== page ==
Coming off pain killers
The pain of cancer is in another realm, it cannot be explained, the therapy for chronic pain has addictive qualities too. When the pain had gone, I could not just take off the patch, I had to wean myself off it, this is where the mind and the will come to play. Addiction has much of its roots in the psyche first than in its palliative effects. The palliative which is in itself a kind of comfort has to be consciously managed.
In my case, it took another 2 months to come completely off the patch and other pain medication. With the patch, I cut it in half and left it on for longer, each patch dosage halved and left on for much longer until my body could do without the drug.
Then, we all have innate tendencies to addiction and some people might be able to avoid addiction. There was another instance where a change in drug regimen meant I could not sleep, the first suggestion was to put me on sleeping medication, however, I thought of working a plan to take my pills at a certain time and avoid completely drug-induced sleep. I could see the dangers of becoming dependent on sleeping pills.
Addiction is first personal
Going back to the purpose of writing this blog, addiction has social, emotional, economic, relationship and physical consequences. In my view, addiction is not just to drugs or the abuse of drugs, alcohol, it could be sex, it could be religion or any other activity. The person and people around that person suffer, and that is very sad.
Regardless of what brought on the addiction, it is always first a personal struggle, what other factors contribute to it does not take away from how the person might have succumbed to addiction. Whether we fail to be better informed of the debilitating side-effects of a drug does not take away from the balance between efficacy and damage.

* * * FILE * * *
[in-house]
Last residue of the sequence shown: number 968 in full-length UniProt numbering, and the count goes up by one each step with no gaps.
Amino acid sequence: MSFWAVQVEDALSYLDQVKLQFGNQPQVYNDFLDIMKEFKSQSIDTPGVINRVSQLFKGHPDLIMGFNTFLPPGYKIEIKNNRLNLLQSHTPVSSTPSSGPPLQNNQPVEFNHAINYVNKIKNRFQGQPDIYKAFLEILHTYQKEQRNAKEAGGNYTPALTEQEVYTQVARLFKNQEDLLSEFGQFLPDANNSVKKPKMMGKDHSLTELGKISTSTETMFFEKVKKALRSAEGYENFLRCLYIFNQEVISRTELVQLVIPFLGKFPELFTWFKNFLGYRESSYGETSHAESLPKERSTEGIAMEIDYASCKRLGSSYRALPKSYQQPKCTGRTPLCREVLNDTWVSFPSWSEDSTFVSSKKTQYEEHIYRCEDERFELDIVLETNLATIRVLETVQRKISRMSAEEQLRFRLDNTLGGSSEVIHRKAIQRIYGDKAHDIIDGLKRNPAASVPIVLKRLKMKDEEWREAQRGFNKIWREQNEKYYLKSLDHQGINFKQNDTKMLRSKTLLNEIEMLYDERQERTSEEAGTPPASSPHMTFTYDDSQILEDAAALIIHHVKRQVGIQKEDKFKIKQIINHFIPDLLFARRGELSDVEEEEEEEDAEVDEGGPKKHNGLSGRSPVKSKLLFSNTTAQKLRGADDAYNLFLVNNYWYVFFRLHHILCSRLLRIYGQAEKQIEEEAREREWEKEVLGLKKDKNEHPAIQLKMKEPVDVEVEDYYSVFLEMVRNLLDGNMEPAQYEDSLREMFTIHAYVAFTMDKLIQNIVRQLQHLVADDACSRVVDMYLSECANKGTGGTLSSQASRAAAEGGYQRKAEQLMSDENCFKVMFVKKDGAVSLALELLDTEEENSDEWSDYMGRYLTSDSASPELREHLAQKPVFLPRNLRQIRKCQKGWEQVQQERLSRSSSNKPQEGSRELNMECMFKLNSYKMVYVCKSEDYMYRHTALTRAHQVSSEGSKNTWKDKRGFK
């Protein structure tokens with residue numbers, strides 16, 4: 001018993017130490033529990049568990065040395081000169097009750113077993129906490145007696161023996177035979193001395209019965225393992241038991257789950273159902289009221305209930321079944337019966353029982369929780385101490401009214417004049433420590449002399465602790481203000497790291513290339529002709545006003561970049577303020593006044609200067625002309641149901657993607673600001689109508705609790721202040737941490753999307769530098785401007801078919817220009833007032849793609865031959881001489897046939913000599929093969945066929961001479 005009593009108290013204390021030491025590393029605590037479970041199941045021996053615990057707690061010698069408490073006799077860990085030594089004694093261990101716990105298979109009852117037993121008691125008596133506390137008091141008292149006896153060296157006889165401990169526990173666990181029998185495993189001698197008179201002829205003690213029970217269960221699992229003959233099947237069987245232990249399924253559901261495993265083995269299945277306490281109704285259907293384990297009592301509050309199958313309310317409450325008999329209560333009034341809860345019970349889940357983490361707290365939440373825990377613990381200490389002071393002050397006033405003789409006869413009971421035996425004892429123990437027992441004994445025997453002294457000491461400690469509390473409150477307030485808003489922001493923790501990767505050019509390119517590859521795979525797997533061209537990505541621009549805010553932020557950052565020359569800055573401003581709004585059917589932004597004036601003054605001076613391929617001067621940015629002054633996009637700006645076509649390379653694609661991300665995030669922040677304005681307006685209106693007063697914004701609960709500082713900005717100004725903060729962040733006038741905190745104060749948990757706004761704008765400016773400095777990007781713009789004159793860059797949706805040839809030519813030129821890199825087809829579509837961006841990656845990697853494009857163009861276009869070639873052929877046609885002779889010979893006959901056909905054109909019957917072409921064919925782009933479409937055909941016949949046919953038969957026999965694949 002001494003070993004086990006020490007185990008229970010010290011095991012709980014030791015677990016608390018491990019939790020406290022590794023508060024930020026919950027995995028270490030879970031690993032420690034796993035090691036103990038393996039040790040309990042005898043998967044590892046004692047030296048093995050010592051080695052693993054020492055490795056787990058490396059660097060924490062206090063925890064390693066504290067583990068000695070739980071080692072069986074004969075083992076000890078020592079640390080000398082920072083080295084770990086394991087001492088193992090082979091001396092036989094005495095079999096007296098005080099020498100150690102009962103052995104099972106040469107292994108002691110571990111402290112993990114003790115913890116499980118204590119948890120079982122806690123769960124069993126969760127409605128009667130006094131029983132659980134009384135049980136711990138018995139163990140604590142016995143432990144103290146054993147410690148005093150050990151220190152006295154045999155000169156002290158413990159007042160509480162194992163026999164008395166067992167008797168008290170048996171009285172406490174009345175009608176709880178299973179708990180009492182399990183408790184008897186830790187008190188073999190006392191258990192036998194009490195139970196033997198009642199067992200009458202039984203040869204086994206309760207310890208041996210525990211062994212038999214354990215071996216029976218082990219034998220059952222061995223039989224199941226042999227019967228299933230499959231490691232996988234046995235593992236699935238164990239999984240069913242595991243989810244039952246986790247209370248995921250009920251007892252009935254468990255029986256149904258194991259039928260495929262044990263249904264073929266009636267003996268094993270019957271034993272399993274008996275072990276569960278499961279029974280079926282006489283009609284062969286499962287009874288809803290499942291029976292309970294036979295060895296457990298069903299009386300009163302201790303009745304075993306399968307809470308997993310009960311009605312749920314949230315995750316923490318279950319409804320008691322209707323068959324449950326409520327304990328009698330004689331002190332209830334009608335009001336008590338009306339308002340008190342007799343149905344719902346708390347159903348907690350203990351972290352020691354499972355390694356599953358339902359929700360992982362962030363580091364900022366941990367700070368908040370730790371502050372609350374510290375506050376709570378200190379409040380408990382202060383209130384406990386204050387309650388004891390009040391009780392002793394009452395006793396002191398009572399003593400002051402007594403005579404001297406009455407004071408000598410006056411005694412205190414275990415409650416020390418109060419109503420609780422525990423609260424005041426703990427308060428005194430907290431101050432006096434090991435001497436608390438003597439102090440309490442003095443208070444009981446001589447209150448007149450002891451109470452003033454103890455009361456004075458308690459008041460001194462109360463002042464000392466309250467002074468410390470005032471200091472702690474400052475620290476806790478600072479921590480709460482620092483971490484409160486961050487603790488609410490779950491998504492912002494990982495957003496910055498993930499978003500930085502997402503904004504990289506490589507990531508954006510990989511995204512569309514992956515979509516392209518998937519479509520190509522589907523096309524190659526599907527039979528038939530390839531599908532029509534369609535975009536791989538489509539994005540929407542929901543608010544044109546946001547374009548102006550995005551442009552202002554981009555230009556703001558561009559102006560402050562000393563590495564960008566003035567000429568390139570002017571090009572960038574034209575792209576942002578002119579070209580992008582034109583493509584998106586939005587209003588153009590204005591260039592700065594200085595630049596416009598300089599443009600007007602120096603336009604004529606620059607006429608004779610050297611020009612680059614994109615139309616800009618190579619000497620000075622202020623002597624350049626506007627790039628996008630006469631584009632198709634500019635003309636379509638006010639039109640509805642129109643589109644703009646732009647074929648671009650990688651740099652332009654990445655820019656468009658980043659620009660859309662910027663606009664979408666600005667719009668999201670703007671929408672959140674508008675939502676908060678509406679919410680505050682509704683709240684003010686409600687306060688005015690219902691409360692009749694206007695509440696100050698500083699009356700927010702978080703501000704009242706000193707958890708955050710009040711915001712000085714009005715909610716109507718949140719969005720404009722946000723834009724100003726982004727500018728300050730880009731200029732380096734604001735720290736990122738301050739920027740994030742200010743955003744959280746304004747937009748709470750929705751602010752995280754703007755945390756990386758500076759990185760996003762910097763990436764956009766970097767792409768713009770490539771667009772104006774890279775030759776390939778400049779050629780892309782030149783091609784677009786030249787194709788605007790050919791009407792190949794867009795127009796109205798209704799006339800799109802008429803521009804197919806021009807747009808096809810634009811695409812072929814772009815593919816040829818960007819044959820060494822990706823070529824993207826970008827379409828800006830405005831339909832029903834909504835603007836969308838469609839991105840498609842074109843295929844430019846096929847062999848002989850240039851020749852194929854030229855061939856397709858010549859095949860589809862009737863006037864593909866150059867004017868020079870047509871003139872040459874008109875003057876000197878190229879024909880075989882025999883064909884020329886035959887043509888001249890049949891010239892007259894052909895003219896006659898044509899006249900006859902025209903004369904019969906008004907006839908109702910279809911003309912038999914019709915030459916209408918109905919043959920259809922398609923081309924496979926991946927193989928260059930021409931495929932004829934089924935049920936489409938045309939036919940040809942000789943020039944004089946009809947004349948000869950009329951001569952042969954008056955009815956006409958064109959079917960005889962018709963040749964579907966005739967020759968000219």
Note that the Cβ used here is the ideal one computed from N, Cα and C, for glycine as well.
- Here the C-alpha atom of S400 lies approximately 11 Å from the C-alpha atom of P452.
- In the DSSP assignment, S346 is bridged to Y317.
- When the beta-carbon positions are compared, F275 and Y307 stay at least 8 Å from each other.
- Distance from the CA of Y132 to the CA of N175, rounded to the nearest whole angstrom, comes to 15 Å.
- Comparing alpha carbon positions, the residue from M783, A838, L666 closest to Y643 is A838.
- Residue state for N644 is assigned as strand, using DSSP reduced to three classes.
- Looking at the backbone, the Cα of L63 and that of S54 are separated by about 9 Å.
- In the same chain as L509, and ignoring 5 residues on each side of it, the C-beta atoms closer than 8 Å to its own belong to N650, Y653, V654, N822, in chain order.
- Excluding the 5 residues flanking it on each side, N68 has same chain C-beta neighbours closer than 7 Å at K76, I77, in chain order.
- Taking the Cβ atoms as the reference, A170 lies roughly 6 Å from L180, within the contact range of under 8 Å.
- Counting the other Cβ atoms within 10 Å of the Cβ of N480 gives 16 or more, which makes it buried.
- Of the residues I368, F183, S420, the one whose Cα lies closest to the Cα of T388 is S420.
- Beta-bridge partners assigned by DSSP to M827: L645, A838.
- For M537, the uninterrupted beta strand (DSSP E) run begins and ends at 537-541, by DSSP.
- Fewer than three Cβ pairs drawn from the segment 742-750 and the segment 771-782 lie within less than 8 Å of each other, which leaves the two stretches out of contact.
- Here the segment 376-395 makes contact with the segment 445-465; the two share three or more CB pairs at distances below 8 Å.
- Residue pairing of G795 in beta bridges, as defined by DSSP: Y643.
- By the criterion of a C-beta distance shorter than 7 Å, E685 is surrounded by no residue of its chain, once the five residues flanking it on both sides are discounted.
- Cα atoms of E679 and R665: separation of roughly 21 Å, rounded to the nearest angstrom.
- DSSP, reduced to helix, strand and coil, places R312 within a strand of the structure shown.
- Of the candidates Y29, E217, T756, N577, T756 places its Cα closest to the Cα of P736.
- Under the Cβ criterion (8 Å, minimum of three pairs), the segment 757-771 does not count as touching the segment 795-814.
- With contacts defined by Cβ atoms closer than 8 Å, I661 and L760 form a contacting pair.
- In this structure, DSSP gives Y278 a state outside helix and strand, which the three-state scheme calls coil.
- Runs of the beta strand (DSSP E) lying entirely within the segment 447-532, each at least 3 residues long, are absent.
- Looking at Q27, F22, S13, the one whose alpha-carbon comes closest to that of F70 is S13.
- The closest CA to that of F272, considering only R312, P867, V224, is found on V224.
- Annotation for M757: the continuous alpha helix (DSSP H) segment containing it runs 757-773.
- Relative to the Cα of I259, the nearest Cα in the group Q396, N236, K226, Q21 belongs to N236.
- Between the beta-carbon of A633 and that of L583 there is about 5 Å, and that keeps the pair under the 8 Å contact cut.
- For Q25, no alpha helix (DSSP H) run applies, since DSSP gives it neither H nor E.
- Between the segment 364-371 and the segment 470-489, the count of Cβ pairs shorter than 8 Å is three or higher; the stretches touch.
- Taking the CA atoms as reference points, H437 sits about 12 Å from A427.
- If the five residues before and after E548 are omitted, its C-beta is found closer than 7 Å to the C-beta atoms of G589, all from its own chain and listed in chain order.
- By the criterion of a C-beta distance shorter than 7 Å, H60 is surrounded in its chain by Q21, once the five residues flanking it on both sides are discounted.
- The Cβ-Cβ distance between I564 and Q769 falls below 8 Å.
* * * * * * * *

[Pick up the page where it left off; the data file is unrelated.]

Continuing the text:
Apportion rightly
The science would suggest a drug can do something, most drugs have to recoup research and development costs and it unfortunate that some people put the profit motive well and above the welfare of patients and customers – that is commerce, we cannot avoid it.
It is, however, a long stretch to conflate personal tragedy, addiction, the science and the commerce into one clickable title of Opioids, My Mom's Death, and Why People Trust Science Less and draw the conclusions in the piece without properly assuming personal responsibility on the one hand and understanding that every individual has a unique physiology that adapts to medication in different ways which could influence the mind too.
I recall my doctor saying they could treat my condition but it depended on my physiology to tolerate the medical regimen. I lost a friend to a similar condition because his physiology did not have the capacity to tolerate the regimen of chemotherapy.
The responsibility of addiction remains a personal thing, the responsibility for being properly informed lies within the person, their medical support, the pharmaceutical companies and the science that balances efficacy with possible side-effects, with the hope that efficacy outweighs side-effects.
I am sorry, the writer lost his mother to addiction, but if we are to trust science less because of the conflicts of interest between treatment and commerce, we would all die sooner in more misery and pain with respite or comfort. That is why these issues need to be treated completely separately even if they are linked in a personal tragedy.